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Beachside, On Second Avenue

For nearly a half-century, the Beach Cafe has served up the usual — and the pleasantly uncommon.





  • Illustration by John S. Winkleman



Every week for the rest of the year, Our Town will celebrate its 45th anniversary by profiling a neighborhood business that has been around longer than we have. Know of a local business that should be our list? Email us at news@strausnews.com.

Tucked on the corner of Second Avenue and 70th Street, the Beach Café is some distance away from the seashore.

But it’s been serving oysters, clams, shrimp and other ocean-worthy fare for long enough that the name’s come to stand for something entirely its own — a welcoming neighborhood restaurant and bar that, though in business since 1968, still dishes out novelty, on a plate, in a glass or otherwise within its cozy, low-lit dining room.

“Everyday is like opening up a present — you never know what you’re going to get around here,” Dave Goodside, the restaurant’s owner, said.

Goodside’s been working at the Beach for 32 years and owned and run it for the last 10.

Brothers Tom and Bill White opened the restaurant opened 1968, in a decidedly different era on the Upper East Side, when, for instance, Liza Minnelli and Arthur Miller were regulars.

The moniker was derived from nautical artifacts tucked into an old barn upstate the Whites owned and which they hauled to the Upper East Side. Although the maritime theme has been toned down over the years, paintings of beach scenes and parasols still hang from the exposed brick dining room. The blue-and-white checkered tablecloths are also a mainstay.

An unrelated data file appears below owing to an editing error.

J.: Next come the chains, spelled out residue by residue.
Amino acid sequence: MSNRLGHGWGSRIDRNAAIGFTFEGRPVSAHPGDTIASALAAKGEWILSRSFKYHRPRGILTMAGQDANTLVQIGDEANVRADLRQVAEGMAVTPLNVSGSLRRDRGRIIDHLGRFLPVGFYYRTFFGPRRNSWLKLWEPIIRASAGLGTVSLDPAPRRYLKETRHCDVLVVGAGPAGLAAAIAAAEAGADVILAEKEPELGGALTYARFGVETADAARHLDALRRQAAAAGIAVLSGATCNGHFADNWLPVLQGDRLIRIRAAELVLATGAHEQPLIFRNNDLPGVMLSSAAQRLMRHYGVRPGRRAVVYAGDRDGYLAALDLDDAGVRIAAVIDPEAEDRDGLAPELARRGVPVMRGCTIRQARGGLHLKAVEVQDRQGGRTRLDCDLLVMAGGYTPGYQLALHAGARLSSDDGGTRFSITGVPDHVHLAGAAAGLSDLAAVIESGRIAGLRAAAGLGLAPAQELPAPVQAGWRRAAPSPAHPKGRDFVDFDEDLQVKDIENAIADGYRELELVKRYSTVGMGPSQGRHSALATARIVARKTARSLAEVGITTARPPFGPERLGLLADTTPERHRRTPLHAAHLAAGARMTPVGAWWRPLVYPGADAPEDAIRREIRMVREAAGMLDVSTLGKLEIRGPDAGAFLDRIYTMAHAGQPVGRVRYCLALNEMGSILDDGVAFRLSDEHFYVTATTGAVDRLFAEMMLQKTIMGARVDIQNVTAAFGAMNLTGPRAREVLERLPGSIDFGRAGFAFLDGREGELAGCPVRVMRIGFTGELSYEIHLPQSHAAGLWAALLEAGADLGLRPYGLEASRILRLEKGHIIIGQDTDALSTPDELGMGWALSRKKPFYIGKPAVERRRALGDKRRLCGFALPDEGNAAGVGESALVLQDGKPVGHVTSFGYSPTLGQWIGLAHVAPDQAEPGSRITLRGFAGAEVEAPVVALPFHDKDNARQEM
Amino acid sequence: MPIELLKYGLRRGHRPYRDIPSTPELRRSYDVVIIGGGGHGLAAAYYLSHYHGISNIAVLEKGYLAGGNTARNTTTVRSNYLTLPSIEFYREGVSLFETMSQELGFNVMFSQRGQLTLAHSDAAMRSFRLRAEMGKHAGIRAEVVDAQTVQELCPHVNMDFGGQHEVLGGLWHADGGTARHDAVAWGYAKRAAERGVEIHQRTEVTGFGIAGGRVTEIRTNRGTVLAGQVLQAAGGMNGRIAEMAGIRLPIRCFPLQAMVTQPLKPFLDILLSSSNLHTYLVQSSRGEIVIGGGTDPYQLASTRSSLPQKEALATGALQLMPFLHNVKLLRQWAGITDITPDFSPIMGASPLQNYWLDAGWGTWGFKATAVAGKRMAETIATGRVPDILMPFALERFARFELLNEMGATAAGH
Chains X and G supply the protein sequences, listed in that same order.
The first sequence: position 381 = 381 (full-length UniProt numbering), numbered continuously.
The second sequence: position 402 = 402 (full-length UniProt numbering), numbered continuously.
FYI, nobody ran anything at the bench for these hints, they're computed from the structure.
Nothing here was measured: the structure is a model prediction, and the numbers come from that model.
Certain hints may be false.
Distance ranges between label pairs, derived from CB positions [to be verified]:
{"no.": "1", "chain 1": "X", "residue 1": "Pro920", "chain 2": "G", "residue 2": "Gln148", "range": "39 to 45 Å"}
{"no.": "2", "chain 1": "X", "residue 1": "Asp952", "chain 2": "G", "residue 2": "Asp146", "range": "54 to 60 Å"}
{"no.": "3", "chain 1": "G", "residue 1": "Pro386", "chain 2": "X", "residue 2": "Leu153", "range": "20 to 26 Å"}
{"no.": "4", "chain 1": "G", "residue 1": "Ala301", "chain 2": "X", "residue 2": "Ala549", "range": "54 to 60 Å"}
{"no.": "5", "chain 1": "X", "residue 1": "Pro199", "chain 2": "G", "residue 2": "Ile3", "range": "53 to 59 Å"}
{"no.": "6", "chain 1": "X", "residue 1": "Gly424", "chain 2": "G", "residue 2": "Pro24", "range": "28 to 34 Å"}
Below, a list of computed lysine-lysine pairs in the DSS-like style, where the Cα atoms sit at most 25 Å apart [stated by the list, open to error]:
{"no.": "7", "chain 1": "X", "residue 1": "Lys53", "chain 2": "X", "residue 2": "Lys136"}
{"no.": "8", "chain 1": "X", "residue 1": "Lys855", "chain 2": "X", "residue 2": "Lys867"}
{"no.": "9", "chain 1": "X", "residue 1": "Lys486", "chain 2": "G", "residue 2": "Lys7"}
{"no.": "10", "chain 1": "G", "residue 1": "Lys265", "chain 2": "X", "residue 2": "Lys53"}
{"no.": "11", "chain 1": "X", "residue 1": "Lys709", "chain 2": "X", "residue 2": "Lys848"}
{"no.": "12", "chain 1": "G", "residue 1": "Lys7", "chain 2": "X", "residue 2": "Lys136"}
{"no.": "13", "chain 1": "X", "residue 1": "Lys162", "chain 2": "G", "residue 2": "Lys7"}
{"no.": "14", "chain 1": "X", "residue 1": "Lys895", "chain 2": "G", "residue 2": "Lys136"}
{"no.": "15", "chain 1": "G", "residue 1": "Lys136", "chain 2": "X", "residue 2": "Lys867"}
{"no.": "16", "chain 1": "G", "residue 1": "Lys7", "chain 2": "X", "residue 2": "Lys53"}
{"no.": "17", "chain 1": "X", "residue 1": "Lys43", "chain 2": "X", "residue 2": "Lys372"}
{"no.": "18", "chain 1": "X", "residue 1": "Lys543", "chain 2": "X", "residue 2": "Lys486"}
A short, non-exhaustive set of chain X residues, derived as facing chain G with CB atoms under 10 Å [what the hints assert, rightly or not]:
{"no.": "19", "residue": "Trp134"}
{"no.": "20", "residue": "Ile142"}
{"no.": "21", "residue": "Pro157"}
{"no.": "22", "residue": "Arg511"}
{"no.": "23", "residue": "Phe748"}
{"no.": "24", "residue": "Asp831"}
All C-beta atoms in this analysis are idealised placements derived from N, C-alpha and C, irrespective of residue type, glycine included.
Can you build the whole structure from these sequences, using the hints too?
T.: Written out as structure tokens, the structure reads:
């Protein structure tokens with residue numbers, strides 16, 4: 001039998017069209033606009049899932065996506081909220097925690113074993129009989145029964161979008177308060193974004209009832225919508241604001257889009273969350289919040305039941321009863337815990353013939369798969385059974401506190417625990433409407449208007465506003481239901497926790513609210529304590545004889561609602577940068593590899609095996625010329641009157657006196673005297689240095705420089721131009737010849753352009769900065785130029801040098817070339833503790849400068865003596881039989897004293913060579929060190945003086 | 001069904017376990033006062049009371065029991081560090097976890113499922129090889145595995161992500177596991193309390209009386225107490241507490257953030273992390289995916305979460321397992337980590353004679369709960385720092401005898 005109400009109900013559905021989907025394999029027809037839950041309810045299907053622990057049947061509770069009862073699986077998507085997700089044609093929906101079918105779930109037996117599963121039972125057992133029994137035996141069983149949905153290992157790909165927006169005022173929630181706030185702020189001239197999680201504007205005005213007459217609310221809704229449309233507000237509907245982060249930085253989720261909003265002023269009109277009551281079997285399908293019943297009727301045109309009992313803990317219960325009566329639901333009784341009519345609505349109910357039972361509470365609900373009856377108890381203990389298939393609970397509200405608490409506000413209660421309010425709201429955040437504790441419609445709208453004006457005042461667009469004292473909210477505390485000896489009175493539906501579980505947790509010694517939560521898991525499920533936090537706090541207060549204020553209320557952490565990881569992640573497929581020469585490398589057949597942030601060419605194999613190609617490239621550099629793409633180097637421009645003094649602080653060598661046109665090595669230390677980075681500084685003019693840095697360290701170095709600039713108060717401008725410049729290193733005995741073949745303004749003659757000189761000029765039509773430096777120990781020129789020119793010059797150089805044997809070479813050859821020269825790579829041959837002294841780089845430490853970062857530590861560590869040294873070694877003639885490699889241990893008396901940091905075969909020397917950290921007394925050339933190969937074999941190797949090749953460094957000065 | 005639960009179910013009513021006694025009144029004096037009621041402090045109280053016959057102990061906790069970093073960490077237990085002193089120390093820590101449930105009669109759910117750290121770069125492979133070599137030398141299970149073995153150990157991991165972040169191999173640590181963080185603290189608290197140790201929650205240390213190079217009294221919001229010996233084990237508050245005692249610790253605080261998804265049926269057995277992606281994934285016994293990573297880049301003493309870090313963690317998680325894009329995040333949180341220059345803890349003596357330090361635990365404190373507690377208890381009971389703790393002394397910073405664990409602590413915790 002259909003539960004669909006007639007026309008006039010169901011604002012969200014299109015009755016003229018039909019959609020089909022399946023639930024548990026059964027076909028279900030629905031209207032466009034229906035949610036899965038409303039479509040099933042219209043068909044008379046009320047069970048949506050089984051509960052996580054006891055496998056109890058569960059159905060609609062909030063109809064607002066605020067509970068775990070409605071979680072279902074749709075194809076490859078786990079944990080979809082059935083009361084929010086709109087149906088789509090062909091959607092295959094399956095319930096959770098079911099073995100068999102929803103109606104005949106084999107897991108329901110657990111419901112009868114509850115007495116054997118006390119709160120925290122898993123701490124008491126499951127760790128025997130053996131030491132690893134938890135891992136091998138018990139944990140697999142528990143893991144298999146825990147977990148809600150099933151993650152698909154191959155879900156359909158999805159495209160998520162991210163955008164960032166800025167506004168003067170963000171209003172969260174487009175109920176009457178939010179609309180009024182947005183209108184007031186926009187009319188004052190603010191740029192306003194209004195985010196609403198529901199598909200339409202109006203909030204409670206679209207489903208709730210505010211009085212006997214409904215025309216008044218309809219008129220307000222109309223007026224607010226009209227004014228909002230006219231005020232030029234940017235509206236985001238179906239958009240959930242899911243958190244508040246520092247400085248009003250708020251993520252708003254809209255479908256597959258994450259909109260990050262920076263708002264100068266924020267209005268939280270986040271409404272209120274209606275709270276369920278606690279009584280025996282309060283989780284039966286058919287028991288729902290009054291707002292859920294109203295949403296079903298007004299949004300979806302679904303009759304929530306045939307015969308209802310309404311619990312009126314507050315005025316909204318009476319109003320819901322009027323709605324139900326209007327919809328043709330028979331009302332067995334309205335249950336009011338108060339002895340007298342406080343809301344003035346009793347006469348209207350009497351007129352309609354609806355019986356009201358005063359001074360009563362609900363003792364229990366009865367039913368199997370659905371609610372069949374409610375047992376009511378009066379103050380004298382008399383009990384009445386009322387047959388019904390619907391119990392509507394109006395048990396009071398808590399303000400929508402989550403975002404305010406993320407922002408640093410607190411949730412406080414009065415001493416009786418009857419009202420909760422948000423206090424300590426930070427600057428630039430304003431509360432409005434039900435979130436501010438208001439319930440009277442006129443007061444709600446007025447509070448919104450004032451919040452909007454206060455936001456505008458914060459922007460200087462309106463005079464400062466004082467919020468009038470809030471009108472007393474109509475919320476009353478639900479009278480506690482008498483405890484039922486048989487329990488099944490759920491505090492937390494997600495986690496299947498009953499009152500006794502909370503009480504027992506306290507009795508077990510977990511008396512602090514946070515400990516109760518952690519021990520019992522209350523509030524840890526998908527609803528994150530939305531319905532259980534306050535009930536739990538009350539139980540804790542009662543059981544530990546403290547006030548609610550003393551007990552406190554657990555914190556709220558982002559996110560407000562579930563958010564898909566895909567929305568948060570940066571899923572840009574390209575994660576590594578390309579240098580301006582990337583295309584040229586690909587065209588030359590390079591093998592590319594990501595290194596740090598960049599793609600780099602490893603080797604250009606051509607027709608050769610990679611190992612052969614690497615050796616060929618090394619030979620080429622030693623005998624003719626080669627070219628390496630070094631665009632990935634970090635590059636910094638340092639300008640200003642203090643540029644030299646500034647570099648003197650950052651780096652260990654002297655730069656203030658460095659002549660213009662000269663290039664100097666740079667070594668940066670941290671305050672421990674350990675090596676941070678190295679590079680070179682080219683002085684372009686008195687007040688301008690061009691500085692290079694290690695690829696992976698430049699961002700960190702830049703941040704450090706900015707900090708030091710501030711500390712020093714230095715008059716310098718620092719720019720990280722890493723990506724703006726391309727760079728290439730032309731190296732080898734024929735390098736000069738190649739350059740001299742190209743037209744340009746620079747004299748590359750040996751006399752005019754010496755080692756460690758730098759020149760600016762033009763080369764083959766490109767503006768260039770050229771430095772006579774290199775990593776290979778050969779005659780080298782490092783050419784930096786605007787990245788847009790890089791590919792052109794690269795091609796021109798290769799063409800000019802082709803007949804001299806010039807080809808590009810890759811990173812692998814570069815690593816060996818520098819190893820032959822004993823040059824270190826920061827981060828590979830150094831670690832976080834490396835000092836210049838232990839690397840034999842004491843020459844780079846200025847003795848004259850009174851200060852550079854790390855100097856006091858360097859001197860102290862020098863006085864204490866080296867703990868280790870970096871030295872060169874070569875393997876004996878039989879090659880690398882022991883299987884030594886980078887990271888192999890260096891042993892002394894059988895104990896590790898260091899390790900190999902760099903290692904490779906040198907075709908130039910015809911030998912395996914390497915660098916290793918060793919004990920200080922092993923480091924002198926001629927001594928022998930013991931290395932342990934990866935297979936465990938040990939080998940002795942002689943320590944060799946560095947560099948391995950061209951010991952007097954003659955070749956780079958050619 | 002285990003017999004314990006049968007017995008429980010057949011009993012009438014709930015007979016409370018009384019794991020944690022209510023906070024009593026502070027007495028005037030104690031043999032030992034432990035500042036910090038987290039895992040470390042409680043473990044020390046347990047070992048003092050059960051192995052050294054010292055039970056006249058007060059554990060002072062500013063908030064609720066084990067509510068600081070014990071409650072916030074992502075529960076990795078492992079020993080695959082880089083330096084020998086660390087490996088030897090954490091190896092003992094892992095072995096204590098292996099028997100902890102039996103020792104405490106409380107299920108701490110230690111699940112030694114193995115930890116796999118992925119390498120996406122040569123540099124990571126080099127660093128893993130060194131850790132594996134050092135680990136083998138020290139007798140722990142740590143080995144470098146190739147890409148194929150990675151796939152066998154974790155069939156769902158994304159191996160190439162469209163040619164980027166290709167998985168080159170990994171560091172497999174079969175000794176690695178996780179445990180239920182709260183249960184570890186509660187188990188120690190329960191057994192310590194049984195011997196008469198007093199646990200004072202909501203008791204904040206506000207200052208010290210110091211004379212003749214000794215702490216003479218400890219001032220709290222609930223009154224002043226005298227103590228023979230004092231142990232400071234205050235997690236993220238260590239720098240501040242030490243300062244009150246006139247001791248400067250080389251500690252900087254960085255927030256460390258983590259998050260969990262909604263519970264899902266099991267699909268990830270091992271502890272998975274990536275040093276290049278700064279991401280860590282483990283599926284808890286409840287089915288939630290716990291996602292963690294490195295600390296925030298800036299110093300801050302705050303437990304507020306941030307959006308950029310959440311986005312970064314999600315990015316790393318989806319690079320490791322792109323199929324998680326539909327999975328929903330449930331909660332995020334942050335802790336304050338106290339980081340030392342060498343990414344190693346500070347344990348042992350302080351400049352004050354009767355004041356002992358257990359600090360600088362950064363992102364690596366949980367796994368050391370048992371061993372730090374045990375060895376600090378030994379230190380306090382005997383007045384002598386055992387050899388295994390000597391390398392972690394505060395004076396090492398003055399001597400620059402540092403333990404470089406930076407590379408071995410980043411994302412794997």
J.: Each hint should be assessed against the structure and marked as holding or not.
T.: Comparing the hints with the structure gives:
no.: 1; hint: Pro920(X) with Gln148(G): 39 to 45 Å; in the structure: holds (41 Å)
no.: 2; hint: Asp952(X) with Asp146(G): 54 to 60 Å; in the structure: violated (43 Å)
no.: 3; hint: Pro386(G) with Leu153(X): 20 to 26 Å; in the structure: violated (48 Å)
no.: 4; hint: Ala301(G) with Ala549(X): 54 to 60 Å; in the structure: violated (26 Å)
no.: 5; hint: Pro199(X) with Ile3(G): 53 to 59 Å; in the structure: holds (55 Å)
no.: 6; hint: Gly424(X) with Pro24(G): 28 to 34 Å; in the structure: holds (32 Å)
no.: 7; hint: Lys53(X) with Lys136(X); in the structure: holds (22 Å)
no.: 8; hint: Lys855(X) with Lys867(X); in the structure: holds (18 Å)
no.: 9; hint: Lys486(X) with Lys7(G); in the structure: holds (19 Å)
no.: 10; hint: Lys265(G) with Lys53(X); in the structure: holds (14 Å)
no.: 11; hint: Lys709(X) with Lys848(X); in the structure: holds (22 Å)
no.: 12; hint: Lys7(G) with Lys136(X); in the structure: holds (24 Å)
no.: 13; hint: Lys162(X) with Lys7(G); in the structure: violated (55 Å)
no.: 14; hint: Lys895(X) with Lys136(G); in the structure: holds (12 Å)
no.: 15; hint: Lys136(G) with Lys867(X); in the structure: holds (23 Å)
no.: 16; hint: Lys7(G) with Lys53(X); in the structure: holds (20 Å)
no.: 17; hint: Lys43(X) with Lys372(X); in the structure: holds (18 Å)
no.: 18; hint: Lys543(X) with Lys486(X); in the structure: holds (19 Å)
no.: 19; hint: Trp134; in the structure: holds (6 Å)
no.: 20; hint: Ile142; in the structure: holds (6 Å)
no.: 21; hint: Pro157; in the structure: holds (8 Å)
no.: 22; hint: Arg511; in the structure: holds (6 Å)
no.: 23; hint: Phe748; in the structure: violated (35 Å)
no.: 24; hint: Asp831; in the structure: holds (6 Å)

“We started out as an under-the-radar place and became a very respective and sought-out local watering hole for very important workers that make regular stops here,” Goodside said.

Then there’s the menu, too, which has evolved to feature more seafood. But the Beach is still known for how it turns out an American classic . “People swear we have the best hamburgers they’ve ever had,” Goodside said.

These days, faithful locals make up the bulk of the Beach’s patrons, he said. Lunches, though, also welcome doctors from the York Avenue hospitals, local professionals and museumgoers who stop in for shrimp salad and tea. After that, a “vibrant happy hour” — with aforementioned oysters, clams and shrimp — draw in the crowds, Goodside said.

The restaurant’s akin to community center, he said. “Whenever something terrible is happening in the world or something great is happening, people would come to the beach cafe to meet other people to talk about it,” he said.

The last six-plus years, though, have been the most challenging in the restaurant’s nearly half-century, as the Second Avenue subway line takes shape underneath the restaurant. Above ground, a few feet from the restaurant’s blue and gray awning, Cyclone fencing and dirt and unspeakable racket, including dynamite blasts, have been constant company.

“We never dreamed of how it big of an impact it would be in our business even though we were told,” Goodside said.

Warned that business would drop dramatically, Goodside and his employees didn’t believe it in their hearts.

But a loyal clientele — as invested as the employees and the stakeholders — have kept the café afloat, Goodside said. And a place that serves continues to serve little gifts, mostly by way of its patrons.

“It’s a spot for people to connect, more of a spot for people to socialize,” he said. “That’s what this place has always been all about.”




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